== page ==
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Introduction Water resources include surface water, groundwater, inland, rivers, lakes, transitional, coastal, and aquifers [1]. Together, these water resources are critical to human health and the environment and vital to the East African economy. However, over time, water resources have degraded and depleted. These adverse impacts on water result from increased water demand from agriculture, industry, hydropower generation, and ongoing pollution. From an economic point of view, the water resources of Lake Victoria are overused and inefficiently used. The effect is exacerbated by population growth, rapid urbanization, and climate change [2]. Lake Victoria, the second-largest freshwater lake globally, is located in the upper reaches of the African Nile River system. The Lake Victoria basin’s ecosystem is critical to the 25-30 million inhabitants of Kenya, Uganda, Tanzania, Rwanda, and Burundi who live in the lake basin [3]. The population is mainly dependent on extensive rainfed agriculture for domestic and commercial purposes. The lake also provides inland waterway transport and hydropower and supports many different industries such as tourism, trade, wildlife, and fishing. Ecosystem management in the Lake Victoria Basin has been highly extractive for much of the past 70 years, with declining food production, economic downturn, rising poverty, rising floods, and increasing burden of human disease, especially malaria and HIV/AIDS [3; 4]. Lake Victoria has become eutrophic due to the deposition of high levels of phosphorus and nitrogen in the lake from the atmosphere, the surrounding catchment area, and municipal centers [2]. Severe erosion in some parts of the catchment area has increased sediment deposition in streams and the lake. Infestation of water hyacinths was particularly severe in the late 1990s, affecting fisheries, urban water systems, and transport. The term economic valuation refers to the process of determining the monetary value of goods and services provided by environmental and natural resources, whether market prices are available or not [5; 6]. In turn, this can be measured in terms of the minimum amount that a person is willing to give up consuming goods and service so receive some other goods and services [7]. The rational use of natural and environmental resources depends on the value it has, and the value can be measured through the process of economic valuation. The value of water resources can be determined based on the value of the products or processes they contribute to. Several initiatives can be taken to ensure sustainable management and conservation of this valuable resource by recognizing the deterioration in the products and processes and the quantity and quality of water. The first objective of this study was to explain and critically assess the suitability of various economic valuation methods for the economic analysis of Lake Victoria’s water resources. The second goal was to demonstrate how these methods can be used in the development of appropriate policies for the sustainable management of Lake Victoria’s water resources. This study aims to contribute to conservation of Lake Victoria by providing best techniques for assessing the quantity and quality of the environment. Materials and methods The primary purpose of this study was to explain and evaluate the suitability of various economic valuation methods and demonstrate how these methods can be used in developing appropriate policies for the sustainable management of Lake Victoria’s water resources. To achieve these goals, this research systematized a review of the literature on the economic assessment methods of environmental resources and how they can be applied in managing water resources. The analysis was based on a review of the literature and secondary data. Scientific search engines such as Google Scholar, ScienceDirect, Web of Science, and PubMed were used to systematically review the literature on various wetland assessment methods. Key searches included methods for natural resource valuation, wetland assessment, and wetland management. Secondary searches included experimental designs, willingness to pay, Lake Victoria, and qualitative methods. The study analyzed definitions and methods for assessing and valuing ecosystem services to summarize current knowledge and propose a practical and flexible approach that is relevant to Lake Victoria’s water resources management. Results Economic assessment of Lake Victoria freshwater resources Ecosystem services are the benefits that people receive from ecosystems [8]. These services enhance people’s well-being and are often critical to life. Most of the liquid surface fresh water on which humanity depends is located in several lake basins [9]. Wetlands are among the most valuable ecosystems because they provide clean water, minimize natural risks (e.g. water retention and coastal protection), and act as CO2 sinks (e.g. swamps and marshes). Freshwater tropical lakes in Africa are among the most biologically productive lakes globally [9]. Equatorial Lake Victoria is the second-largest freshwater lake globally by surface area and the largest freshwater lake in Africa, with a surface area of 69,000 km2 [10] and a catchment area of 284,000 km2 [11]. Lake Victoria is large enough to create its weather system and influence regional climate [10; 12]. In addition, Lake Victoria supports Africa’s largest inland fishing grounds [13] and shares its border with Uganda (43%), Tanzania (51%), and Kenya (6%). The ecosystem services offered by the Lake Victoria Basin include fishing, water supply, wildlife conservation, navigation, tourism, and power generation. Freshwater ecosystem services, type of value and applied valuation methods developed by [14; 15] Category Ecosystem service Valuation method Provisioning Fisheries and aquaculture RC, MP Transport and navigation MP Industrial and domestic water supply NFI, RC, PF, MP Agriculture NFI, RC, PF, MP Recreation/amenity TC, CEM, CVM, HPM Energy (fuelwood and hydropower) MP Conservation of wildlife MP Raw material (biotic) RC, MP Supporting and regulating Bequest, existence and altruistic values CEM, CVM Biodiversity CVM, CEM Storm protection and flood control CVM, RC, PF Nutrient retention COI, RC Soil erosion prevention PF, RC Water purification CVM, RC Maintaining habitats and populations RC Pollution reduction COI, RC Microclimate stabilization PF Cultural Spiritual and symbolic appreciation CVM, TC Intellectual and aesthetic appreciation CVM Note: PF - production function; NFI - net factor income; RC - replacement cost; MP - market prices; COI - cost-of-illness; TCM - travel cost method; HPM - hedonic pricing method; CVM - contingent valuation method; TC - travel costs; CEM - choice experiment method. This study found that several methods can be used to estimate the economic value of freshwater ecosystem services in Lake Victoria. These methods can be roughly divided into two approaches: stated preference approaches and revealed preference approaches. Stated preference approaches refer to structured survey methods to determine people’s preferences for non-market environmental goods. Revealed preference approaches refer to techniques that use evidence of individual preference for commodity products, including environmental performance. For an economic valuation of Lake Victoria’s water resources, the first step is to identify the benefits of ecosystem services that need to be assessed. In [16; 17] authors have argued that this is the easiest way to conduct an assessment and avoid double counting. The choice of the initial assessment method depends on the ecosystem service being assessed and the beneficiary population. Table shows the various valuation techniques for each ecosystem service. Techniques for assessing and evaluating Lake Victoria aquatic ecosystem services Revealed preference (RP) methods, also known as indirect valuation methods, look for related or surrogate markets in which ecological goods are implicitly sold, i.e., they are one of the many components of a product that the consumer is buying [18]. Revealed preference surveys are about human choices. The strength of this type of survey is that it provides us with real choices made by users in a specific context of constraints. These methods are suitable for assessing those water resources sold indirectly and therefore can only assess their use (direct and indirect). Revealed preference studies use behavioral evidence to determine the value of environmental assets. These methods attempt to separate the value of ecological goods from the total value of goods sold [19]. These methods are discussed below. Travel cost method (TCM) is a method that has been developed to assess the value of recreational uses of non-market goods, usually open natural areas, but applicable to any recreational use [20]. This method infers the value of a set of attributes from cost (time and money spent on travel) for outdoor recreation or wildlife visits. For example, the willingness to pay (WTP) of people visiting Lake Victoria can be estimated based on the number of trips they make with different travel costs. This is analogous to estimating the WTP of people per item sold based on the quantity demanded at different prices. TCM includes various models, from simple site-specific TCMs to regional and generic models that include quality metrics and are site replaceable [21]. TCM was first proposed by [22] and later developed by [23]. Such models have been used to measure the welfare effects of changes in recreational water quality (e.g., [24; 25]). However, TCM has several limitations: very few non-entertainment applications; processing a large amount of data; what value should be given to travel time; statistical problems. Hedonic pricing method (HPM) estimates the value of a non-market good by observing the behavior of the corresponding good in the market [26]. The HPM was developed by [27] to assess the value of quality change in consumer products. If environmental resources are not traded in any market because it is a public good, there will be no market price to determine the WTP. A resource can be defined in terms of the services it provides or the “attribute” that it embodies. This attribute can be embodied in other goods or assets that are sold at observable prices. By using these prices, the East African countries can reap economic benefits from Lake Victoria. The limitation of HPM is that it only measures the direct use cost of water perceived by consumers of the product they are implicitly trading. This method measures only a subset of the consumer values for which people are WTPs in the relevant market. If consumers are not fully informed about the qualities of the attributes being assessed, hedonic price estimates are of little value. Services such as flood control, water quality improvement, species habitat, and groundwater recharge can provide far more benefits to humans than benefits that HPM cannot understand [28]. Replacement cost (RC) method. The cost of replacing natural and ecological resources, in this case, water, is a valuable way of assessing the value of a resource in a given context. This method assumes that the damage is measurable and that the value of the environmental asset does not exceed its replacement value. It also does not imply additional benefits associated with environmental costs. This approach identifies damage to water assets mainly due to the cost of restoring, repairing, or replacing the resource or services of the water resource without compromising the level of resource stocks or the flow of services. Such costs may be related to the purification of the water source or the cost of introducing new aquatic animals into the water source. The replacement cost method is relatively simple when the water resource is not unique, and its substitutes are readily available. The researcher moves forward by collecting a sample of indirect values from a primary or secondary source of information. Based on this sample of cost information, the analyst prepares an estimate of the most likely range of expected costs to replace a significant water resource or service. This process can be much more challenging to implement when water resources have unique characteristics. The replacement cost method is considered an arbitrary valuation of natural resources that may have little to do with real public value. The resource replacement method requires data on the cost of restoring, rehabilitating, or replacing damaged or lost resources and resources. This method is especially applicable where a standard must be met, such as a certain level of water quality [29]. Cost of illness (COI) technique aim to identify and measure all costs associated with disease [30]. The method describes and assess the economic burden of a particular disease on society and, therefore, the savings that could be obtained if the disease were eradicated [31]. Here, the benefits of reducing pollution are measured by assessing the potential savings in direct personal costs of illness (e.g., drugs, doctors, and hospital bills) and opportunity costs (e.g., lost benefit from illness). To conduct a COI study, it is necessary to define the disease, the epidemiological approach, the type of cost, and the study’s prospect. Subsequently, resource consumption and unit cost data can be collected, and the results presented and methodically discussed along with a sensitivity analysis to verify their reliability. Two limitations of this approach are that it does not account for the actual uselessness of patients and does not account for the costs of protection or prevention that people could take to protect themselves [21]. Aversive expenditures method. Information is needed on the household cost of water treatment and socio-economic details so as to estimate the averting expenditure as a measure of households’ willingness to pay [32]. This method is based on the theory of consumer behavior of the production function of households. In the context of water resources, households can respond to the increasing degradation of these resources in various ways, commonly referred to as preventative or protective behavior, to avoid adverse effects of water pollutants. This includes the purchase of non-durables (such as bottled water), the cost of liming to reduce acidification of the water, and behavioral changes to avoid exposure to the contaminant (such as boiling water for cooking and drinking or reducing the frequency or duration of showers if volatile organic chemicals are present). However, this method has its limitations. People may use more than one preventative behavior in response to environmental change, and prevention behavior may have other positive effects that are not explicitly considered. For example, buying bottled water to avoid the risk of consuming contaminated stocks may also provide additional benefits flavoring advantages. In addition, prevention behavior is often not a permanent solution but discrete; for example, a water filter is either purchased or not. Typically, prevention costs do not measure all of the pollution costs that affect household utilities and therefore can only provide a lower bound on the true cost of increasing pollution. Net factor income method estimates the change in producer surplus (i.e., in monetary terms, the net benefit to the firm producing the product) by subtracting the cost of other inputs from total revenues and treating the remaining surplus as an environmental cost [15]. The factor income method is used as a valuation tool in applications where natural resources are used as resources for other goods and services. Accordingly, the associated economic costs of production are an essential source of information when applying the factor income approach. There are several resource types for which the factor-based approach is potentially well suited, including surface and groundwater resources, forests, and commercial fisheries. Surface and groundwater resources can be resources for irrigated agriculture, manufacturing, or private, municipal water supply systems. The products in these cases (cereals, logs, manufactured goods, and municipal water) may have market prices. Likewise, commercial fish stocks (populations or fish stocks) are the starting material for commercial fisheries. The economic benefits of improved water quality can be measured by increasing income from increased agricultural productivity while improving water quality. Alternatively, water quality affects the cost of treating drinking water from urban sources, so the economic benefits can be measured by reducing the cost of providing clean drinking water. Production function approach can be used to value non-tradable goods and services that serve as raw materials to produce tradable goods. This approach links the release of specific tradable goods or services (e.g. agricultural products, timber, catches) to the costs required to produce them. The implicit cost of water can also be calculated by measuring the contribution of water to profit in cases where water is an essential component of the production process, and the cost structure of the producer is known. If the water supply is unlimited, the producer will continue to use units of water to such an extent that the last unit’s contribution to profit is simply equal to its cost to the firm. Even if the water is “free,” the producer bears the cost of using the water (including pumping and transport costs). If the water supply is limited (for example, by quotas or water rights), producers can stop using water until equity is achieved. The producer’s water use rate at various costs determines the coefficient of “derived” demand since the water demand is determined by the demand for the producer’s product (e.g., agricultural goods). Market prices are the current prices at which an asset or service can be bought or sold. The demand for natural resources is measured on the assumption that many factors that can influence demand, such as prices for ancillary goods and services, personal income, individual tastes, and recommendations, remain unchanged over the study period. The market price occurs where the forces of supply and demand meet. Hence, market pricing is a useful approach to water resource valuation. For water resources, the market price estimate is an estimate of the income from the sales value of the water resource. A standard method for measuring the use-value of inputs traded in the market is to estimate the surplus of producers and consumers using market price and quantity data [33]. Net prices can also be used in assessing water resources. It is calculated as the actual market price minus the actual operating costs of utilities, including the normal return on investment. The net price method can be applied to the benefits of recycled water in the market. This method considers only economically available stocks of utilities with a positive net price. If the use of the benefits from the use of water resources is not related to market transactions, direct or indirect non-market valuation should be applied. Stated preference (SP) methods collect responses to hypothetical situations presented to users, in this case, about public transport. This type of survey attempts to overcome some of the limitations of the revealed preference survey. One limitation of RP surveys was that many scenarios provide insufficient variability in observations. Hence, observed behaviors can be difficult to correlate with certain qualitative variables (such as comfort) and the inability to measure choices between alternatives that do not yet exist [34]. Nonetheless, preference surveys allow users to quasi-experiment with the choices that users make when presenting hypothetical situations. Such as having a new alternative type of public transport or a new version of existing public transport service, using variables that can be qualitative or quantitative or both. The main disadvantage of stated preference surveys is that they are based on the hypothesis that the user will make the same choice in the scenarios presented to him as in reality, which is not always the case [34]. Contingent valuation method (CVM) is a non-market valuation method that requires individuals to indicate the maximum amount they are willing to pay (WTP) and can pay for a given quantity or quality of an environmental good [35; 36]. The person may be asked directly how much they are willing to pay for a certain amount of a product from Lake Victoria or asked if they are (and can) pay a certain amount. Once individual ratings or proposals have been obtained, they can be averaged and aggregated to obtain the total value of the item in question. To conduct a Lake Victoria CVM, a researcher must pay special attention to the design and conduct of the survey. Focus groups, consultation with relevant experts, and pre-testing of the survey are important prerequisites. A decision must be made on how to conduct the interview (in person, by mail, or over the phone); which payment method is most appropriate (e.g. annual tax increase, lump sum, environmental fund contribution, among others [37]; as well as the WTP extraction format [38]. Ultimately, the sample mean WTP can then be extrapolated to the population to obtain the aggregate WTP or ecological resource value [39]. While a researcher can use conditional-graded surveys to grade a virtually unlimited number of items in a variety of contexts, conditional-graded surveys are conducted in a relatively sequential process. The steps in the basic contingent valuation process are shown in Figure. The process of conditional valuation of ecosystem services [7; 35; 39] For water-related applications, CVM is useful for exploring the value of direct uses, such as recreational fishing and hunting, and the value of indirect uses, such as improving water quality. Unlike preference-revealing methods, CVM can also measure the cost of biodiversity-related alternative water use, as well as the cost of non-use. However, despite the strengths of CVM in terms of its ability to assess untapped values and assess irreversible changes, the method has been criticized for its lack of validity and reliability [40]. This is due to potential issues including information bias, design bias (origin bias and vehicle bias), hypothetical bias, yes bias, strategic bias (free rides), site replacement, and embedding effects. Choice experiment method (CEM) is a highly ‘structured method of data generation [41] based on carefully designed problems or “experiments” to identify factors that influence choice. An ecological resource is defined in terms of its attributes and the levels that these attributes assume with and without sustainable resource management. Choice experiments (CE) have long been used to assess consumer preferences and predict consumer behavior in the marketplace [34] and non-market valuation studies [41]. Choice experiment is a survey approach designed to determine consumer preferences based on hypothetical markets. Respondents must choose between several public or private goods. Like CVM, CEM can estimate the economic value of any ecological resource and can be used to estimate unused and use-value. However, CEM makes it possible to estimate not only the value of an ecological resource as a whole but also the implicit value of its attributes, their assumed ranking, and the value of simultaneously changing more than one attribute [38; 41]. Discussion The total economic value of Lake Victoria should recognize two distinctions between the value that people get from using this ecological resource, that is, the use-value, and the value that people get from this ecological resource, even if they do not use it themselves, that is, unused values. Use value can be divided into three broad categories: direct use value, indirect use-value, and option value. The cost of direct use of Lake Victoria’s water resources includes drinking water, irrigation, or industrial resources. Their direct use almost entirely determines the value of most private (ordinary) goods. However, Lake Victoria has several functions that indirectly benefit people: the value of indirect water use includes benefits such as flood control, nutrient retention, and protection from storms. Finally, the option value considers that people who are not currently using the resource may still appreciate being able to use it in the future. Thus, the opportunity cost of Lake Victoria water resources represents their potential to provide economic benefits to human society in the future. Quantifying the benefits of ecosystem services Lake Victoria provides to humans will help justify investments in conserving and restoring this aquatic ecosystem. Benefits from Lake Victoria ecosystem services can also be included in a cost-benefit analysis to implement the principle of cost recovery in the water supply system. While Lake Victoria water resources are vital to the functioning of the East African economies, they continue to be depleted and degraded at an unsustainable rate. Therefore, it is necessary to determine Lake Victoria’s total economic value (TEV) and integrate it into the private and public sector decision-making processes to implement the most effective social and economic policies that prevent excessive degradation and depletion of this resource. Awareness programs about water pollution and its consequences and the advantages of quality water, and improved education may increase the willingness to pay for quality water. The methods evaluated in this study have been used worldwide to value and, in turn, to manage water resources. In [42] TCM is used in China to assess the significance of water quality improvements in the East Lake in Wuhan. The results from this study indicate that lake users have significant water reserves for the use of the lake and its structures, offsetting some of the costs of maintaining recreational water quality. Another example in developing countries is applying the avertive expenditures method by [43]. They evaluated the non-marginal benefits of improving drinking water quality using protective factors in Guarapari, Grande Vitoria, Espiritu State, Brazil. Market prices and prices for substitute products have been used in Nigeria by [44] to analyze domestic groundwater demand in Northern Nigeria to assess the recharge function of groundwater wetlands. They found that the study area population would be severely affected if the wetlands no longer provide their current daily groundwater recharge. The contingent assessment method is widely used to assess water resources in developing countries. In [45] authors compared CVM and TCM results to assess surface water quality improvement in rivers and seawater near a community in Davao, Philippines. The results of their CV show that household WTPs have low environmental benefits such as improved water quality. The loss of economic benefits from reduced water quality has also been estimated in Vietnam by [46]. Authors of [47] showed that improved income increases the households’ willingness to pay for improved water services. Researchers of [48] included fertilizer and pesticide contamination of groundwater as an attribute in a study of willingness to pay for agricultural sustainability among residents of Milan, Italy. They found that the public derives significant economic benefits from the reduction of groundwater pollution. In [49] CEM was used to assess the benefits of soil conservation measures in the Alto Genil and Guadajoz watersheds in southern Spain. The surface and groundwater quality were included as important attributes of soil conservation measures. Scientists concluded that water quality is of the highest economic importance among all the characteristics of soil conservation measures included in the study. Finally, [50] applied this method to assess the significance of water quality improvements in Cairo, Egypt. They investigated the welfare effects of improved health status through improved water quality. They concluded that the estimated WTP is relatively low compared to the cost of a program that could achieve these improvements. These methods have been used before and successfully helped develop policies used to manage these resources, hence their practicability to Lake Victoria. Conclusion This study aimed to explain and evaluate the suitability of various economic valuation methods and demonstrate how these methods can be used to develop appropriate policies for the sustainable management of Lake Victoria’s water resources. The study presents economic valuation methods that can be used to determine the total economic value of changes in the quantity and quality of water resources in Lake Victoria. The value of ecological resources such as water is difficult to assess due to their social utility. Therefore, Lake Victoria TEV accounting is integral to developing economic incentives and institutional arrangements to ensure sustainable, efficient, and equitable water distribution in the Lake Victoria basin. The methods proposed in this document for assessing and valuing aquatic ecosystem services in Lake Victoria provide a knowledge base for improving water resources management. From this perspective, cost-effective and remediation measures can be improved to include all latent benefits and beneficiaries of aquatic ecosystem services. To effectively manage the ecosystem services of Lake Victoria, it is necessary to identify the services of interest and determine the main consequences of many factors and pressures on the ecological state of the lake. Assessment of Lake Victoria aquatic ecosystem services can reveal hidden benefits to society and raise awareness among users and stakeholders. In general, the proposed assessment methods can be used to assess the benefits of the conservation and restoration of aquatic ecosystems in implementing the Lake Victoria water resource management program.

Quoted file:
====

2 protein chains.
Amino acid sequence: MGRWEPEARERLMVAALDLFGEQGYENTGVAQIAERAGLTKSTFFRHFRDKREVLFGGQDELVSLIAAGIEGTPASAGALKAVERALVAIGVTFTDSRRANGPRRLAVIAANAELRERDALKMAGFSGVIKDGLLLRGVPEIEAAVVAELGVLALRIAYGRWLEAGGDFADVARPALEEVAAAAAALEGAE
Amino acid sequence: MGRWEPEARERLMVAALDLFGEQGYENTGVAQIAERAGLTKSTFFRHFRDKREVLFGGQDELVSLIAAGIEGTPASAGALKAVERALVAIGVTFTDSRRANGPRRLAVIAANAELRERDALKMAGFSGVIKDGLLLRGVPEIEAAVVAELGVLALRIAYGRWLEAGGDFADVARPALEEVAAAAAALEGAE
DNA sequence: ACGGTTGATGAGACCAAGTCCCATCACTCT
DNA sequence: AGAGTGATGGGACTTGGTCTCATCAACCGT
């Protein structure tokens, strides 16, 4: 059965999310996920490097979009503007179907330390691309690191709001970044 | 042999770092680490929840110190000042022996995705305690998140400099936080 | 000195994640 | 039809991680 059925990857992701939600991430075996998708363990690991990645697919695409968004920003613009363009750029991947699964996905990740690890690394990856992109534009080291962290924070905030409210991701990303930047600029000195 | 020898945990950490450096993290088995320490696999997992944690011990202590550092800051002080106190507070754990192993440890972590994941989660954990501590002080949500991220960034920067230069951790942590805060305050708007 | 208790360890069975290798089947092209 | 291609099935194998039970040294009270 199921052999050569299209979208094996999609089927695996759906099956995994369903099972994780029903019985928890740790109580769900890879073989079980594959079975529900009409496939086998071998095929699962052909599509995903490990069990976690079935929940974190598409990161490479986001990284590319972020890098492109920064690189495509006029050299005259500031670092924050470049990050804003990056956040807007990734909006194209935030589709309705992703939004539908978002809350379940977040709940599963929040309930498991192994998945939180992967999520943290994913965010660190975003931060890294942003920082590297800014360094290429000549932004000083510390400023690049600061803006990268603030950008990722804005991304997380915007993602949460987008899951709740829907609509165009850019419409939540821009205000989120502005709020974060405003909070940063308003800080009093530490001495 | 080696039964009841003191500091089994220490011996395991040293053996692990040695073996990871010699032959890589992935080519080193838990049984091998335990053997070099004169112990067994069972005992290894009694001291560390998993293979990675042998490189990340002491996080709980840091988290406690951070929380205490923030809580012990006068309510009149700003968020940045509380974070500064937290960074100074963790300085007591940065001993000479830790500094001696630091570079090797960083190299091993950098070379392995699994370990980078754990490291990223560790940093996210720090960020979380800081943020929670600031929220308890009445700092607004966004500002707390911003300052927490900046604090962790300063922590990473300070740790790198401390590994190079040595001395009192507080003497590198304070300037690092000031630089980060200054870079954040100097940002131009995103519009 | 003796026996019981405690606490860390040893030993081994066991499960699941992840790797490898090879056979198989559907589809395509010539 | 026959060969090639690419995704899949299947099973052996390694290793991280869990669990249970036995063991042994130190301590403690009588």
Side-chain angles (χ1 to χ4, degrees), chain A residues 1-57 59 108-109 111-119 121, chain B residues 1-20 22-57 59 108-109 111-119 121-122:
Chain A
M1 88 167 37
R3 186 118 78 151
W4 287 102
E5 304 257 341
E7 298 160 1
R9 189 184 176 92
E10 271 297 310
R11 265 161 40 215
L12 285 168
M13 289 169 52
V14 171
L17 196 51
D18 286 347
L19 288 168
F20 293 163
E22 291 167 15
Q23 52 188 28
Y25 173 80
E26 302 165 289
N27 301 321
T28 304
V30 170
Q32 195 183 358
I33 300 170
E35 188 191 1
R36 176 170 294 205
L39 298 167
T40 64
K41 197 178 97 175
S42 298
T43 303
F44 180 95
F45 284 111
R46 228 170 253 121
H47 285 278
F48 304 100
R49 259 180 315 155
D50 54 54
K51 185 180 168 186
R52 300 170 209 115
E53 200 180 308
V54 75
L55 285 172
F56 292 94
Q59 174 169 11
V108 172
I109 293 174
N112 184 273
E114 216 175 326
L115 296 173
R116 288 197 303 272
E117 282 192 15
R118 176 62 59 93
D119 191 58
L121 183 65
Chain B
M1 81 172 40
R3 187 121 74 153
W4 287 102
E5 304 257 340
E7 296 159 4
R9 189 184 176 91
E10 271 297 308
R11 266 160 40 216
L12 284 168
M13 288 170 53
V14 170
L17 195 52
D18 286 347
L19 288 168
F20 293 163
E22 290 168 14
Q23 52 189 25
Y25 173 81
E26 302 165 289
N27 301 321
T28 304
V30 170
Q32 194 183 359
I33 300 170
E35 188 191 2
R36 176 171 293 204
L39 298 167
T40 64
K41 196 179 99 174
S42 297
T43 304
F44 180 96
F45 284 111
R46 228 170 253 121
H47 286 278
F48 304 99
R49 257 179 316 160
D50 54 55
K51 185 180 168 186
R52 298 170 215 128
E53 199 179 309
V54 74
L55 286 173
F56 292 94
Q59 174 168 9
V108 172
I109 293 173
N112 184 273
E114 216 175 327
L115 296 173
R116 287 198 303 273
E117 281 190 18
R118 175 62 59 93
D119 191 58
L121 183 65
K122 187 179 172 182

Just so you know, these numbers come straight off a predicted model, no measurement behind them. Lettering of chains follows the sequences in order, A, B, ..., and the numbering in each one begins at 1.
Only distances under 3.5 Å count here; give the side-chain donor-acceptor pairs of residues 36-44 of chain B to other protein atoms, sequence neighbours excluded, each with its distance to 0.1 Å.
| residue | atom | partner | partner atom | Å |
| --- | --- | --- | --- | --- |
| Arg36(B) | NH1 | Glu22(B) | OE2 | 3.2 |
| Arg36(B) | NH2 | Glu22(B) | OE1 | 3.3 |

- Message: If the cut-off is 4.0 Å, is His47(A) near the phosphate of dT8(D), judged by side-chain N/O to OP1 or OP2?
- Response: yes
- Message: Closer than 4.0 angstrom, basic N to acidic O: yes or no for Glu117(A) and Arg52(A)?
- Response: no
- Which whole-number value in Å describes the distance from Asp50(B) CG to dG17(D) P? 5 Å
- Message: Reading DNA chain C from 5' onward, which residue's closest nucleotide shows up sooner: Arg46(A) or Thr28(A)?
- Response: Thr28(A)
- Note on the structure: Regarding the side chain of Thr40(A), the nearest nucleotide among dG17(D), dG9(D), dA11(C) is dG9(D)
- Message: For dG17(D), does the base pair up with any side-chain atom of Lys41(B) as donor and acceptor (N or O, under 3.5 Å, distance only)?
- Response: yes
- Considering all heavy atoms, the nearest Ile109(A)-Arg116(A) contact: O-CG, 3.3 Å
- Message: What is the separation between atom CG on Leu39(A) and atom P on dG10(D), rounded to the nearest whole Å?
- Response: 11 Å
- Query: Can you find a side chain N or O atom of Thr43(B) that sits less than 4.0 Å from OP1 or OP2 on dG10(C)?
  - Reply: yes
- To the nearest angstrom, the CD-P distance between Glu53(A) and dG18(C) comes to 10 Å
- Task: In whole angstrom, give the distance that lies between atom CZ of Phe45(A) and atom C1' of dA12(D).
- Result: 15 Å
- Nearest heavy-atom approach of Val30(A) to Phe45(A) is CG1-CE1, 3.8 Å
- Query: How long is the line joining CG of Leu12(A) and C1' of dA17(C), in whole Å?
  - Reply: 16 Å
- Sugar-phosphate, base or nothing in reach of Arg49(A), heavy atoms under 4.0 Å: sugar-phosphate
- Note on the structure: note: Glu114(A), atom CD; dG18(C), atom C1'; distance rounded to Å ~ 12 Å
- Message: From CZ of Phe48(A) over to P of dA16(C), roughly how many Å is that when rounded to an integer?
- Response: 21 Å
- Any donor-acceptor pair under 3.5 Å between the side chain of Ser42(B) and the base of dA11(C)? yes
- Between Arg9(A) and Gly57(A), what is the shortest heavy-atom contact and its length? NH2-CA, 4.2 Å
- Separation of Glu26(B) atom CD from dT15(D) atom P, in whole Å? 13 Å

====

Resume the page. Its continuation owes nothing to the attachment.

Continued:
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About the authors

Martin Mamboleo

Peoples’ Friendship University of Russia (RUDN University)

Author for correspondence.
Email: mamboleomartin@gmail.com
ORCID iD: 0000-0001-6685-5050

PhD student, Department of Environmental Security and Product Quality Management, Institute of Environmental Engineering

6 Miklukho-Maklaya St, Moscow 117198, Russian Federation